Yes, there are many environmental impacts associated with rock climbing that are well-documented. Gardening cracks around here (whether done on the FA or over the years by subsequent climbers - it doesn't make a difference) ranks pretty high on the list, as does trampling ledges (nesting habitat), scrubbing faces (lichen, moss, often takes hundreds of years for them to establish, more in desert areas), and building approach trails. Simply increasing the number of people in an area, with their noise, piss, and smells, will keep a whole bunch of "wilderness-requiring" organisms well at bay (grizzlies, most weasels, etc.). So as for bolts, they are the symptom not the cause. If bolting a route brings crowds (which it certainly can), then obviously it will have a true environmental (ecological) impact. But if the area is already popular without said bolts, there will be no change whatsoever other than aesthetics (like DDD). You can argue the case on aesthetics alone, but that is only a the smallest part of what environmental impact is all about.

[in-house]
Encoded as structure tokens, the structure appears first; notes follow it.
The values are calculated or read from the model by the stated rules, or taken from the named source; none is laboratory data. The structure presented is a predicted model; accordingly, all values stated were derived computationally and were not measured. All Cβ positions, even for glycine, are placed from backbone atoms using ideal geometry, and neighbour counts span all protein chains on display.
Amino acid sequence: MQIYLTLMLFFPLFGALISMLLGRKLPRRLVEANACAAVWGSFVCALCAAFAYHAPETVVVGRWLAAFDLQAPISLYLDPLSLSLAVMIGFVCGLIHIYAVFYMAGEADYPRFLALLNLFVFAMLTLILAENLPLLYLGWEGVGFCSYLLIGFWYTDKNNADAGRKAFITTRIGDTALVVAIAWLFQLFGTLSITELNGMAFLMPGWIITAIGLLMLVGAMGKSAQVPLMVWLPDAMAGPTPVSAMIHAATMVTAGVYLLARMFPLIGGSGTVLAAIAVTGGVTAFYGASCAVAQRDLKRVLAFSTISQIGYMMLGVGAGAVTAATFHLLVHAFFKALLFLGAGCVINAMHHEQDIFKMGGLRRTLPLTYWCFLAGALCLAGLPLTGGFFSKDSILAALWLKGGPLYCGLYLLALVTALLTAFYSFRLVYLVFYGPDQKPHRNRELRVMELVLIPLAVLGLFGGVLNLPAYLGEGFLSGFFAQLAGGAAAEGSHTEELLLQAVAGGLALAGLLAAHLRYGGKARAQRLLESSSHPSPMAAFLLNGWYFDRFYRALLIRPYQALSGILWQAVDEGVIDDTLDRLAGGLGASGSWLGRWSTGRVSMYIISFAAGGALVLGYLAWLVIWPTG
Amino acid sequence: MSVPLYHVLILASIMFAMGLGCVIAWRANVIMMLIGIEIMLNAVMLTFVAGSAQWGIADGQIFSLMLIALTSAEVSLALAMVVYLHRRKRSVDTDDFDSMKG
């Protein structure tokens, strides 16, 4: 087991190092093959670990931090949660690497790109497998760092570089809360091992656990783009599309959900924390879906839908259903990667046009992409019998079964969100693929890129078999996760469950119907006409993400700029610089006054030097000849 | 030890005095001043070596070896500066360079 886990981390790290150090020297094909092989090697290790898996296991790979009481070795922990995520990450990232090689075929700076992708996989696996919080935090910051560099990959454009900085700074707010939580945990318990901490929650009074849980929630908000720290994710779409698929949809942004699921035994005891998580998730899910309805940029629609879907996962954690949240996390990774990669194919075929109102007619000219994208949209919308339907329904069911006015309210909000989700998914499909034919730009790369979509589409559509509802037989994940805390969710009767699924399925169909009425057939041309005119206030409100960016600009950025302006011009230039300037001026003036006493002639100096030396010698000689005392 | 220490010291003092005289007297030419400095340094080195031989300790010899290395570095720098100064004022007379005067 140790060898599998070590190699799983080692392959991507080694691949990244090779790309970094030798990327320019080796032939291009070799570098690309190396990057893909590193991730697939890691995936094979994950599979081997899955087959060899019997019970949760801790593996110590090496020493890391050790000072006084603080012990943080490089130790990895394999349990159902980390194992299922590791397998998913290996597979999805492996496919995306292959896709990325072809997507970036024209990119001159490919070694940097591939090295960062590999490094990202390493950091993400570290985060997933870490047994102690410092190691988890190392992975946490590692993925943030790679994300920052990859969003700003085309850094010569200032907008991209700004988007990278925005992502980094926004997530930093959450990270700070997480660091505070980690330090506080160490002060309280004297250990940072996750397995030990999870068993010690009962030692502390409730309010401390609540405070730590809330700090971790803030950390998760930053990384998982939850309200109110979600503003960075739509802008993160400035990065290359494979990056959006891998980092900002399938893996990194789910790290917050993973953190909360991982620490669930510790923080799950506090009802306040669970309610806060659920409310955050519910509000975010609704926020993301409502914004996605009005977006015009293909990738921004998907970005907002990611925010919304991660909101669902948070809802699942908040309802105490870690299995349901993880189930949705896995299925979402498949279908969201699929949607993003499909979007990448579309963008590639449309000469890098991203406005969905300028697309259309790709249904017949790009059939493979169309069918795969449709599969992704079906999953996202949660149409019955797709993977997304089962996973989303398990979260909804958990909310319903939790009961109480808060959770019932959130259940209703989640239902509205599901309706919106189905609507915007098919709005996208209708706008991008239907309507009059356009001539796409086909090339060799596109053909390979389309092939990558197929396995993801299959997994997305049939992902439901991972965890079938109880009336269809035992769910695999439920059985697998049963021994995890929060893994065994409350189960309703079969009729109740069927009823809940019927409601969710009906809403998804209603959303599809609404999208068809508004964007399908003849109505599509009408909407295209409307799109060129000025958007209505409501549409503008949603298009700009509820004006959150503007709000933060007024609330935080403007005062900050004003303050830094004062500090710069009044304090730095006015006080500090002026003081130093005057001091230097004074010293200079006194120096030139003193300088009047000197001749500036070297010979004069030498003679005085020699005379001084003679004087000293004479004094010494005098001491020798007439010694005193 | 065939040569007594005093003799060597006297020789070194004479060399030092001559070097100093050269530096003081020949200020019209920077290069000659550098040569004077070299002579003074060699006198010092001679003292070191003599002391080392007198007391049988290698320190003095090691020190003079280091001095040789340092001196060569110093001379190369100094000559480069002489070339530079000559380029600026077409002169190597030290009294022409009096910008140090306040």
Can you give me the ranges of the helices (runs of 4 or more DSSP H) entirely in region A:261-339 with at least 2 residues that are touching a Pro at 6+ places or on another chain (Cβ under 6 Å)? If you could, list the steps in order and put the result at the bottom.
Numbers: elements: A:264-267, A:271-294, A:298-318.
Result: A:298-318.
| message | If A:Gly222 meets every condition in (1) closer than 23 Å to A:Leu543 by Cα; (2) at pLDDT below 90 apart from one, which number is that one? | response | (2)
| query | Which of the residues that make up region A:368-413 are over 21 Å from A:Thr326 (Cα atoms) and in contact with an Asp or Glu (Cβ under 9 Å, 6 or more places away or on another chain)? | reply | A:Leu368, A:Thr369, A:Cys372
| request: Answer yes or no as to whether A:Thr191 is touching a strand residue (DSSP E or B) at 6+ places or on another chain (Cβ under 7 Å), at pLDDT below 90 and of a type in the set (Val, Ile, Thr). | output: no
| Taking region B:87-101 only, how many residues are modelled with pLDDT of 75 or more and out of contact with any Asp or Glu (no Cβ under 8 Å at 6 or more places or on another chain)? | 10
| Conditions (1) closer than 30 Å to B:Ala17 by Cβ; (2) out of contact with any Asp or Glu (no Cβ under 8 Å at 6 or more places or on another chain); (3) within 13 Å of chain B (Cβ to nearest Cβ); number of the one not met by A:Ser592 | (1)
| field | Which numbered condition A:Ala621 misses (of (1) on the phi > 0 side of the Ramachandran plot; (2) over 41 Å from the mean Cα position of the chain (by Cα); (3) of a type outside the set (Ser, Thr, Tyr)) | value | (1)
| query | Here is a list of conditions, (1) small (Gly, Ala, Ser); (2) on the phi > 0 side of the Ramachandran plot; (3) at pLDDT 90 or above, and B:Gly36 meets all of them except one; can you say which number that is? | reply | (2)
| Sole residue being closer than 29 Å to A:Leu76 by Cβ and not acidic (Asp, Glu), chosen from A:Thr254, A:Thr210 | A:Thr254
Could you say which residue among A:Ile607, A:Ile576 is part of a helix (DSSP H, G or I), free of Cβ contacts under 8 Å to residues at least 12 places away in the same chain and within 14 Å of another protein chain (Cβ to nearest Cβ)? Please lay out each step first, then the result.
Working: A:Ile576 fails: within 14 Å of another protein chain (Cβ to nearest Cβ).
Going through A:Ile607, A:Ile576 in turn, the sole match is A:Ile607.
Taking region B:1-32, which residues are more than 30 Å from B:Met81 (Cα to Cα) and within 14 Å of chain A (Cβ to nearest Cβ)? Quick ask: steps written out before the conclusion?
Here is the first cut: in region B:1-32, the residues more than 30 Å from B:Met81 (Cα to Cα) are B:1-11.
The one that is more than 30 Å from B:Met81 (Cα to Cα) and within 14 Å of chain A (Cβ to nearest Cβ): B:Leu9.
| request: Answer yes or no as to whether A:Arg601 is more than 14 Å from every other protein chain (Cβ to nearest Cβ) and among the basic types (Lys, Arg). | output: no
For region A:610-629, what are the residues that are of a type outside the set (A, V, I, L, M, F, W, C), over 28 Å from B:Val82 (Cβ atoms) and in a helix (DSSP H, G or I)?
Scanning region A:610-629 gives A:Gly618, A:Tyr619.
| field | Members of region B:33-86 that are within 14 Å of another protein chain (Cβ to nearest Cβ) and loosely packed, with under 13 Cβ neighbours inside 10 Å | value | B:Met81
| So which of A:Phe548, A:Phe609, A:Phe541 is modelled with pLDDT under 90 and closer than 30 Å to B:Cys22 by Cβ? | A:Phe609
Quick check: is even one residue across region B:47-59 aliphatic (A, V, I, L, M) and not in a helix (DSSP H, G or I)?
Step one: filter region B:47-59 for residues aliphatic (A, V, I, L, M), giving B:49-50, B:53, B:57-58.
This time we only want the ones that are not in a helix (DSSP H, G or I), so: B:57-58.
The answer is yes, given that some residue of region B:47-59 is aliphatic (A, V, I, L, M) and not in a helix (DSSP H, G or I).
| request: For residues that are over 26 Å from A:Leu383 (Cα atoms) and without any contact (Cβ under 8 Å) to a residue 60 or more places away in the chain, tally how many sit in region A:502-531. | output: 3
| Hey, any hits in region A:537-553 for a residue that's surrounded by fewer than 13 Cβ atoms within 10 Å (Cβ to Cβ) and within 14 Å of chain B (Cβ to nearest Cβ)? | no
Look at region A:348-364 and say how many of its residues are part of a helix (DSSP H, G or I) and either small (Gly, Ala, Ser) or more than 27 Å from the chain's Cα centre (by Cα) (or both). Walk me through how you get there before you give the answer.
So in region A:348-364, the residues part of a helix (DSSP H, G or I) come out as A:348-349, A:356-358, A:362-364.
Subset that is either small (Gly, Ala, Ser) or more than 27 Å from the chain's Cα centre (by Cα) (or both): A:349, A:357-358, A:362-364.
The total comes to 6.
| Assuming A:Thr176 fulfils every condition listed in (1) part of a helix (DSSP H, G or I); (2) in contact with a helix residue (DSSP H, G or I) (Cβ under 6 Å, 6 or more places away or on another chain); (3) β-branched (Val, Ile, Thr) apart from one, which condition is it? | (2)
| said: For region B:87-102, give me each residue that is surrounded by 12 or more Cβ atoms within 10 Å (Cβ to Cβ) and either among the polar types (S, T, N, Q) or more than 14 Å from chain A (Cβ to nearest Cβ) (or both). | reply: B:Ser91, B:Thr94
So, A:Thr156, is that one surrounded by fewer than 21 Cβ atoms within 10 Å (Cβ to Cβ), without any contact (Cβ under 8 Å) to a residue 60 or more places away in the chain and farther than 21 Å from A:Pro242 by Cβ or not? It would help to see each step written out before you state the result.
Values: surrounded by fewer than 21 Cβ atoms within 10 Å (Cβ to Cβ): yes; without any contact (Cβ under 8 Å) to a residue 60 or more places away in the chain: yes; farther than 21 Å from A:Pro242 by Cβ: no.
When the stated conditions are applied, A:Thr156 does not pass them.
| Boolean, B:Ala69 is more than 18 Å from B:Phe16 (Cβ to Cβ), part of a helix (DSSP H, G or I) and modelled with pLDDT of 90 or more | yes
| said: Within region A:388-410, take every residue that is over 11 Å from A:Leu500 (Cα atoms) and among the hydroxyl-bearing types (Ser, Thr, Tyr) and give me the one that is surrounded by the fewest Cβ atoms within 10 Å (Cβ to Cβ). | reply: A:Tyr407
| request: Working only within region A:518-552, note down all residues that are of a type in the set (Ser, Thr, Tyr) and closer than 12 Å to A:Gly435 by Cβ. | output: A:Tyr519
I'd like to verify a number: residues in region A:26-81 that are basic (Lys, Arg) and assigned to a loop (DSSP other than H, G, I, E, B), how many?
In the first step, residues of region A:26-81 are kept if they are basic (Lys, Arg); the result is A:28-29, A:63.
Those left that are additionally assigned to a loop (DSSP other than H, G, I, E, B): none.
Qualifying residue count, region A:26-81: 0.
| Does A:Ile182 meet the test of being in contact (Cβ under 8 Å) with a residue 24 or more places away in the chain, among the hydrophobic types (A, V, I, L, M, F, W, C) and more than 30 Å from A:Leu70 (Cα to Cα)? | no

A good example of what I'm getting at - Burgers and Fries (Squamish, trad cragging/toproping mecca) and the Substation/Write-off rock (Exit 38, sport cragging/toproping mecca) are basically equivalent in terms of environmental impact from climbers (although there are more trees alive at X38). The fact that there are tons of bolts at X38 and not at B&F doesn't change a thing other than from the point of view of aesthetics.

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Stefan...you are exposing yourself...that's PeterCroft...i think he may know a thing or two about placing gear...maybe, maybe not...

 

Bob has hit this on the head...go fucking climb something...and your theory about only toproping some stuff is great in theory and shitty in practice...you've obviously have never climbed on really really steep terrain...its IMPOSSIBLE to toprope....

 

THis is a fucking stupid thread...don't POWER bolt in designated wilderness because its illegal...otherwise, have at it...